At a certain point, the mined out part of the asteroid will become large enough to install people on board... if by this time, your mine has reached an orbital situation where it is regularly grazing the Earth; you essentially have an extremely large spaceship moving regularly in & out of terrestrial space. Operations can speed up considerably at this point; because the regular gravity assists make it cheaper & easier to trim your mineship's orbit to its final flightpath; while you can help financing your operations by dropping off processed material while uploading additional mining/processing/booster technology on each pass. If the mining operations have advanced sufficiently, you can even start installing people on your mineship; although automated technologies would still be the basis of our operation (for financial if no other reason... spacemining will almost certainly work on the principle that the only time you use humans is when it's too expensive - or dangerous - to send machines)... the odds are, therefore, that the manning of our mineship will need to take place as late as possible in the operation.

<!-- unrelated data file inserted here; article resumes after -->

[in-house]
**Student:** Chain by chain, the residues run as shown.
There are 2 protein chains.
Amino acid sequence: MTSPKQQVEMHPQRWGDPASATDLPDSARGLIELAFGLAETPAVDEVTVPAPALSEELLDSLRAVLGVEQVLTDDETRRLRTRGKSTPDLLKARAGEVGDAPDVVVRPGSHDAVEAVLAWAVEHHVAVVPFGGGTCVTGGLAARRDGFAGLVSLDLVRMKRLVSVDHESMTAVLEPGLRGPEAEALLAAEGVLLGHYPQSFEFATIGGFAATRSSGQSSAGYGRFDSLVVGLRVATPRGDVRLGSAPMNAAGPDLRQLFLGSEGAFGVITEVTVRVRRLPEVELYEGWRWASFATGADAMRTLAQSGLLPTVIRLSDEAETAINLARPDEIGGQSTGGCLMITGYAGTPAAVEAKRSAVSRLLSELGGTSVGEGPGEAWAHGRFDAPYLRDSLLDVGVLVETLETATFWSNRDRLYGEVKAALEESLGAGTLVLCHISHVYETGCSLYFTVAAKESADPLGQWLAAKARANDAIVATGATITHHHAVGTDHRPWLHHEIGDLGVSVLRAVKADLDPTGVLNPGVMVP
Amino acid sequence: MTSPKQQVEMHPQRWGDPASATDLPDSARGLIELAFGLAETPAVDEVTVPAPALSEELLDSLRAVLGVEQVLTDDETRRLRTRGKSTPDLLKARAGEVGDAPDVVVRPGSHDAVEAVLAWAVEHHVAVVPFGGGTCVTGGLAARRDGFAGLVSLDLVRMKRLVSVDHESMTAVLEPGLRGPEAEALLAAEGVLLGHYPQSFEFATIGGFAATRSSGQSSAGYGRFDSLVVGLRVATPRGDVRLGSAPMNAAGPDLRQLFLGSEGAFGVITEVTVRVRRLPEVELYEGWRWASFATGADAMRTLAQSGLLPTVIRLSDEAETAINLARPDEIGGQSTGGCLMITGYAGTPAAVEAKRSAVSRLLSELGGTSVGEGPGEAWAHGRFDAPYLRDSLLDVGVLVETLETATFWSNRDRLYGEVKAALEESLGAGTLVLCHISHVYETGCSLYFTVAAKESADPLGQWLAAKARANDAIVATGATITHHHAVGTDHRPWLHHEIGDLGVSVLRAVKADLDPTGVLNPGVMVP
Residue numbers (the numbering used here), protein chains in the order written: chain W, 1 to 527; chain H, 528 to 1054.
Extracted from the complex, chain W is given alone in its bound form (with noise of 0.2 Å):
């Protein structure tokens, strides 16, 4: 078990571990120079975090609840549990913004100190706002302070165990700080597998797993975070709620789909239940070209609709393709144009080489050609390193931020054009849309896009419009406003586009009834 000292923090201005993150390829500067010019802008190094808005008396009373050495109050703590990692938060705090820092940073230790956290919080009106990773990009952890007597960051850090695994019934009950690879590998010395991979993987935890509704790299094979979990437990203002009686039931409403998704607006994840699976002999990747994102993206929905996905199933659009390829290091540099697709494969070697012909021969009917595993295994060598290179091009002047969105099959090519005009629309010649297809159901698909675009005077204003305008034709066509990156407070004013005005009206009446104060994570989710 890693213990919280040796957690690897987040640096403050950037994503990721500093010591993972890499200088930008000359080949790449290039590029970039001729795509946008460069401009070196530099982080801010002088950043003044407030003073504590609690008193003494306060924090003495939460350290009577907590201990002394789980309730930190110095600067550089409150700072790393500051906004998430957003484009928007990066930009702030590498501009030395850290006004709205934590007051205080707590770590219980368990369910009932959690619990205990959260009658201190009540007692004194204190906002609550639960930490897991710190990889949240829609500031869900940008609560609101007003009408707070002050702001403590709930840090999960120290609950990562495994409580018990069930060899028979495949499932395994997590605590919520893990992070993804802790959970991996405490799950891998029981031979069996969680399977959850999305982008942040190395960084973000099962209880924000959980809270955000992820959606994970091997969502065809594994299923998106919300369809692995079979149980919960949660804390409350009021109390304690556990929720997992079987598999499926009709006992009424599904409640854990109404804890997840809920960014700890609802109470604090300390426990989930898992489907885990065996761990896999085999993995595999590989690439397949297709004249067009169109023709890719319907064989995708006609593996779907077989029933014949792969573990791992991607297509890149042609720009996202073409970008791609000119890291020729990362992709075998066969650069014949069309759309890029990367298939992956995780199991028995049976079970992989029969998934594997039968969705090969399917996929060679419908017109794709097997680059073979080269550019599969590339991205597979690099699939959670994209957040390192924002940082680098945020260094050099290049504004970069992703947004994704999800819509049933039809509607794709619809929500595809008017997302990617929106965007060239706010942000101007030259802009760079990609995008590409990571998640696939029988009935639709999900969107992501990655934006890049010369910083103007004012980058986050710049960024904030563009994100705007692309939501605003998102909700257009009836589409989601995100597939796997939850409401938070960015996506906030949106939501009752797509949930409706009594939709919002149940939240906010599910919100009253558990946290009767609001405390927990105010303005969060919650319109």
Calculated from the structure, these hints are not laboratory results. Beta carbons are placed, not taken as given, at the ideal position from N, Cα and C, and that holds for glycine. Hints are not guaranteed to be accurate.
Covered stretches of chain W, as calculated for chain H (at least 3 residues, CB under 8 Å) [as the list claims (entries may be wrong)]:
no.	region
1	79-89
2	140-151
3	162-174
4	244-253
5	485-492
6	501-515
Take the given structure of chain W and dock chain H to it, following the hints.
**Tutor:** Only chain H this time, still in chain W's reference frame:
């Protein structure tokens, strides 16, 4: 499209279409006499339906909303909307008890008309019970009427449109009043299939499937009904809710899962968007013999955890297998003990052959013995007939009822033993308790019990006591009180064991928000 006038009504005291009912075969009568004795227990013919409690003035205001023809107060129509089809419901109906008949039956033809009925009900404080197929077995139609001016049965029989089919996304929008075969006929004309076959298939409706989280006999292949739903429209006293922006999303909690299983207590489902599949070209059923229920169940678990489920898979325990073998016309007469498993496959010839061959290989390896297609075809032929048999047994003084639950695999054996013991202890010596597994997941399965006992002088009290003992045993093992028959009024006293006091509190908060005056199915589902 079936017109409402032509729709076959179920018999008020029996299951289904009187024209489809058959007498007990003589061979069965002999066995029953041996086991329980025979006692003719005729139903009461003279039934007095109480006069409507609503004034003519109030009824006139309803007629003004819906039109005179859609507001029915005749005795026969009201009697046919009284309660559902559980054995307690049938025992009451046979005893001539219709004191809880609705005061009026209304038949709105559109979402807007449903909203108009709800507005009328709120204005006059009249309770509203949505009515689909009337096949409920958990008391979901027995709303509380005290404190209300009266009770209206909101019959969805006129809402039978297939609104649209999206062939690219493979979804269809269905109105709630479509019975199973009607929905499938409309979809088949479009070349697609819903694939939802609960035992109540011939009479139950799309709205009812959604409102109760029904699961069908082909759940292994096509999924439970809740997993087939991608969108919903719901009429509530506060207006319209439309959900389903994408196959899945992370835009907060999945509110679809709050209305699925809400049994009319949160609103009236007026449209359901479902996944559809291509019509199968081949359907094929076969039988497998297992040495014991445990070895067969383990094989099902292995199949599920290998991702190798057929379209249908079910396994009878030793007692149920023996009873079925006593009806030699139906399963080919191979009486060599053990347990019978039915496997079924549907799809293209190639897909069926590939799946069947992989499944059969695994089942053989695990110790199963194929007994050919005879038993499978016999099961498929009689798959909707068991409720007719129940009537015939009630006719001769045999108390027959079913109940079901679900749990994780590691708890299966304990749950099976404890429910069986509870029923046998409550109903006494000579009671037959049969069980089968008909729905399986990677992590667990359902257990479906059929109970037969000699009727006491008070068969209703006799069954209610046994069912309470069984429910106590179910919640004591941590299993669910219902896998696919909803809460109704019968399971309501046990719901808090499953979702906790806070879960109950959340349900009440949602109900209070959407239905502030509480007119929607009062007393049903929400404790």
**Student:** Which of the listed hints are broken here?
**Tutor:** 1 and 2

Whatever the flight status; you need to continue the orbital manoeuvres until the asteroid's flightpath also touches Mars's orbit regularly, reinforce the wall structures (it appears that most asteroids are extremely weakly constructed) & add all the essentials of life (atmosphere, which can be derived from local material; or mined from other, cometary NEOs; additional sources of power: solar; nuclear & tether are all exceedingly viable here; golf course; wildlife sanctuaries; etc); & you have a O'Neill-style space city mining itself out while plying the traderoute between the Earth & Mars....
(Notwithstanding my point about delaying the arrival of people, it doesn't necessarily follow that a mineship/space station need be fully converted before you open the doors for people: a large asteroid - a couple of kilometres or more in length - need only be partially mined before conversion to human habitation begins in the mined-out section; & this habitable zone can be occupied as soon as there is a viable reason for doing so... presumably: @ the point where you start to achieve a successful Earth/Mars/return trajectory; even if this isn't the final Hohmann transfer orbit)